Railroad Station Restoration
Montpelier revives a 1910 depot with a segregated past
By Lauren Walser | From Preservation | January/February 2011
When the Montpelier Foundation set out to restore a train depot near the public entrance to James Madison's house, the nonprofit organization knew it faced a challenge—and not just because the clapboard structure, last used as a station in 1974, was showing its age.
The big question facing the foundation that manages Montpelier was how to tell the depot's story. Built by William duPont, who acquired Montpelier in 1901, the building not only served as a station for the region just south of Orange, Va., it also embodied Jim Crow-era segregation: Until the late 1950s, "White" and "Colored" signs identified separate waiting rooms.
Working in close consultation with the Orange County African-American Historical Society, the foundation ultimately decided to restore the depot to its original state, separate waiting rooms and all. "It took a lot of careful thought, but we decided that the right thing to do was to tell the story of segregation and make it an educational experience," says Michael Quinn, the foundation's president.
The proposal to prominently display the "Colored" and "White" signs divided members of the local African American community at first. Some wanted to put that era behind them, others wanted the depot to stand as a stark reminder of the past. After the foundation spent months soliciting feedback, the divisions eased. "We were completely transparent with what we were doing so that the community understood our intentions from the moment we started talking with them," says Tom Chapman, research coordinator at the foundation. "They understood that we wanted to do it right, that we wanted the depot to be authentic, and that we didn't have any hidden agendas."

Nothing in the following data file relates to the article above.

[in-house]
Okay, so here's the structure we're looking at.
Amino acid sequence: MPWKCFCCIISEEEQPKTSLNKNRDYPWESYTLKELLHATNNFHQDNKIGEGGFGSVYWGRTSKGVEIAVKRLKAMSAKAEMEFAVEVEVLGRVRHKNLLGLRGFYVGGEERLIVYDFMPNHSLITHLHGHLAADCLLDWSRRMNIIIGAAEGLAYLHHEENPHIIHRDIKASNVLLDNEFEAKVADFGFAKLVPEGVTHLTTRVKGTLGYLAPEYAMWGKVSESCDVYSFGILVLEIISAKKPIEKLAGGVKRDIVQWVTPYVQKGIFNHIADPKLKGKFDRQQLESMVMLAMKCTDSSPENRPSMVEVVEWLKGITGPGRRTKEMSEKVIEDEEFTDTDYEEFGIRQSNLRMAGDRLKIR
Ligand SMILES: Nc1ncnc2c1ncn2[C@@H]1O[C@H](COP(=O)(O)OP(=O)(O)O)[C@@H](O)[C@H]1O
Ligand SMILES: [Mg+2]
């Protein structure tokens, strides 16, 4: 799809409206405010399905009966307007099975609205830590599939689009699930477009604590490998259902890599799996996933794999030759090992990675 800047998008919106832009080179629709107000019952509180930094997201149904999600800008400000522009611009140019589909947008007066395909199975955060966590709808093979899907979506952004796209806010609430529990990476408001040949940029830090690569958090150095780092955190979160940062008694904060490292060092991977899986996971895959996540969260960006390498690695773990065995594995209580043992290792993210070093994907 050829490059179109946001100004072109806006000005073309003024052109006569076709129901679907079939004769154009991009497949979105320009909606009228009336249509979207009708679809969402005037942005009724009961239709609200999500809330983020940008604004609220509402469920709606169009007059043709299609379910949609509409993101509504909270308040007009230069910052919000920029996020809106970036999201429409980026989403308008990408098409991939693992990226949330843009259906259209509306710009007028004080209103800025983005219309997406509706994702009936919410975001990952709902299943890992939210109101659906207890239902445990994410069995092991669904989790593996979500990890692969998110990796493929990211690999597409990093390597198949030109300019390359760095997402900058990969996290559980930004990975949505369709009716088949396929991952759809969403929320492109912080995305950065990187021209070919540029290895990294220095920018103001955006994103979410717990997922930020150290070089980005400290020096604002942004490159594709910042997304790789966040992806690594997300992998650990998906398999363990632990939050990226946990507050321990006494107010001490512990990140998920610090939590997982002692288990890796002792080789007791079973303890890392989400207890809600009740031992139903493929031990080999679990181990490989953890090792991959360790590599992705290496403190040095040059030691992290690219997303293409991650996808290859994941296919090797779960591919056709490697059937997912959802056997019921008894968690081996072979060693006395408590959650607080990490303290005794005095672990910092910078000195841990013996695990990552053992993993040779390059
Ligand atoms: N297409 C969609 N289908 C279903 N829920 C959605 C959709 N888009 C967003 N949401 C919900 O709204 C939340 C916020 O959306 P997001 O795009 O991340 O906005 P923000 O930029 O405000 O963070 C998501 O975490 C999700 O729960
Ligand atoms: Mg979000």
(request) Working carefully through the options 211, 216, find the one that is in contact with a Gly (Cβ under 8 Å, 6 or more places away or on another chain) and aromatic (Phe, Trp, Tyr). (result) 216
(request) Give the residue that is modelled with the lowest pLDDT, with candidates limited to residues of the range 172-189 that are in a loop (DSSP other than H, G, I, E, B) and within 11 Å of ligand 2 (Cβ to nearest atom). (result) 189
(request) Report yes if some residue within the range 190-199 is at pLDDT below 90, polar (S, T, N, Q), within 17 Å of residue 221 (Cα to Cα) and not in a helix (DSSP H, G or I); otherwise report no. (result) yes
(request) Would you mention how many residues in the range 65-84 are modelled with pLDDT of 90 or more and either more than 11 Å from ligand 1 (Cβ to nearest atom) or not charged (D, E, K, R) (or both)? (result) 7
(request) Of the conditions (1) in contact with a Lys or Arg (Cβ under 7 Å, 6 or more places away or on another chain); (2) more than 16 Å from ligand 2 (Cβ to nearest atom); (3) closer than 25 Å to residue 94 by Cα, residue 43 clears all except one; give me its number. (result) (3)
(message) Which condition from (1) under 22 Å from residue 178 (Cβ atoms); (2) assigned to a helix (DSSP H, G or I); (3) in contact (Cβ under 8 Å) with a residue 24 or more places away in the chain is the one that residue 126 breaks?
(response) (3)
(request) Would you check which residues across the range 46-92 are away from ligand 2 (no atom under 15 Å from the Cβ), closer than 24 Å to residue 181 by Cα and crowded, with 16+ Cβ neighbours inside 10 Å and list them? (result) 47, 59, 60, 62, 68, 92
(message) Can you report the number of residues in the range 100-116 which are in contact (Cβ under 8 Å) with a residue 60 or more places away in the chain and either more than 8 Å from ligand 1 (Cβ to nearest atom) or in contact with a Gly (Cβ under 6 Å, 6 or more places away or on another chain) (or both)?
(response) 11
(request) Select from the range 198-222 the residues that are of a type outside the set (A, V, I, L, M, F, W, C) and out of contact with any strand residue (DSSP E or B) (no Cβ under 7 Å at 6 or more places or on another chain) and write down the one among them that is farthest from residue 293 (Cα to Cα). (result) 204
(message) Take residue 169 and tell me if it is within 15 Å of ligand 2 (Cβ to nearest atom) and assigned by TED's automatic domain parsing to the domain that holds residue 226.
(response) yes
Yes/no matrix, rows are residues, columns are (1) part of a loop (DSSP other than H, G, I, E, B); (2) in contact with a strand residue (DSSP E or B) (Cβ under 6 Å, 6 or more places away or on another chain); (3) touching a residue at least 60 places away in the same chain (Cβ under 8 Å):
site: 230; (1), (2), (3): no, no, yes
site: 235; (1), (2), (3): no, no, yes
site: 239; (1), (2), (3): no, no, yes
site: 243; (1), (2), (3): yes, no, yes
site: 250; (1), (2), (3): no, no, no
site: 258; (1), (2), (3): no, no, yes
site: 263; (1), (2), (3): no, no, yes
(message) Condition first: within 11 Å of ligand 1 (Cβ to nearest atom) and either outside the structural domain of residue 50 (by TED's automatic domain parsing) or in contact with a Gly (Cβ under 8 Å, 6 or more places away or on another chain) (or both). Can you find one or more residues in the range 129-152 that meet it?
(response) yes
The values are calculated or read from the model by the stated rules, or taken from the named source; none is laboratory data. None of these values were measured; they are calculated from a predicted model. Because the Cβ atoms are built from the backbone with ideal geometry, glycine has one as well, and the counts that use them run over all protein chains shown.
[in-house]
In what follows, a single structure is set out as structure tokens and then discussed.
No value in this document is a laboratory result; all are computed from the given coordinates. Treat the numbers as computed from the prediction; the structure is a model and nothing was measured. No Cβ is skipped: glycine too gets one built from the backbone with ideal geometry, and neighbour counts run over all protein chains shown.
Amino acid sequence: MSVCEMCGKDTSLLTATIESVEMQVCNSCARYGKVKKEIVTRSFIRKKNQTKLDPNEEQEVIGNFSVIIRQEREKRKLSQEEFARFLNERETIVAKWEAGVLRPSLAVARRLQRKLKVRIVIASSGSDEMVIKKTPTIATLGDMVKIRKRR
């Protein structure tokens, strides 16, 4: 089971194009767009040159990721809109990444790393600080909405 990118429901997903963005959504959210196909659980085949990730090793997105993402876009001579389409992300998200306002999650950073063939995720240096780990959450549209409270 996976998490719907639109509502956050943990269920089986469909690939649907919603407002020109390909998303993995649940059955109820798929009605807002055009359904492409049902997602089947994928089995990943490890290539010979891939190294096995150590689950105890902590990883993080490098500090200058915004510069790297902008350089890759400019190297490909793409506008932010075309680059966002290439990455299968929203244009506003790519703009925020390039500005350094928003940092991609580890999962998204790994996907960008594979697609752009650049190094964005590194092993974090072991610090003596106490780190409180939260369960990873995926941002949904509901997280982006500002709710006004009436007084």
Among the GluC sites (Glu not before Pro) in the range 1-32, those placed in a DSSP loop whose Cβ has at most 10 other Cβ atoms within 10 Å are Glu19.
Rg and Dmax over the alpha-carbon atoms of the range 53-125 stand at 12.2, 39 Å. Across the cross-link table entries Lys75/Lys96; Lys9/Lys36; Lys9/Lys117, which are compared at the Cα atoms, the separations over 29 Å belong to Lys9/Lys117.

Fortunately, the building remained in structurally good condition, with many original objects still inside—benches, documents, an early telephone. Workers removed 26 layers of paint from the exterior and repainted the depot in its original yellow. They stripped aging varnish from the interior, repaired significant water rot and termite damage, and stabilized the roof and interior walls.
Now, after a restoration that cost more than $500,000, the depot's waiting rooms look exactly as they did nearly a century ago, with the tiny space marked "Colored" standing in sharp contrast to the spacious, light-filled "White" counterpart. Historical documents and newspaper clippings hang from bulletin boards inside, and audio recordings play oral histories gathered from the community. Antique telegraphs, telephones, and typewriters fill the station agent's office.
The depot is the latest addition to what Quinn calls the interpretive arc of African American history at Montpelier, which includes Madison's plantation (dependent on slave labor) and a recently restored freedman's cabin. "We didn't want this restoration and exhibit to come across as, ‘Look how ugly American history is,' " Quinn says. "Our real intent was to say, ‘Look how far we've come.' "
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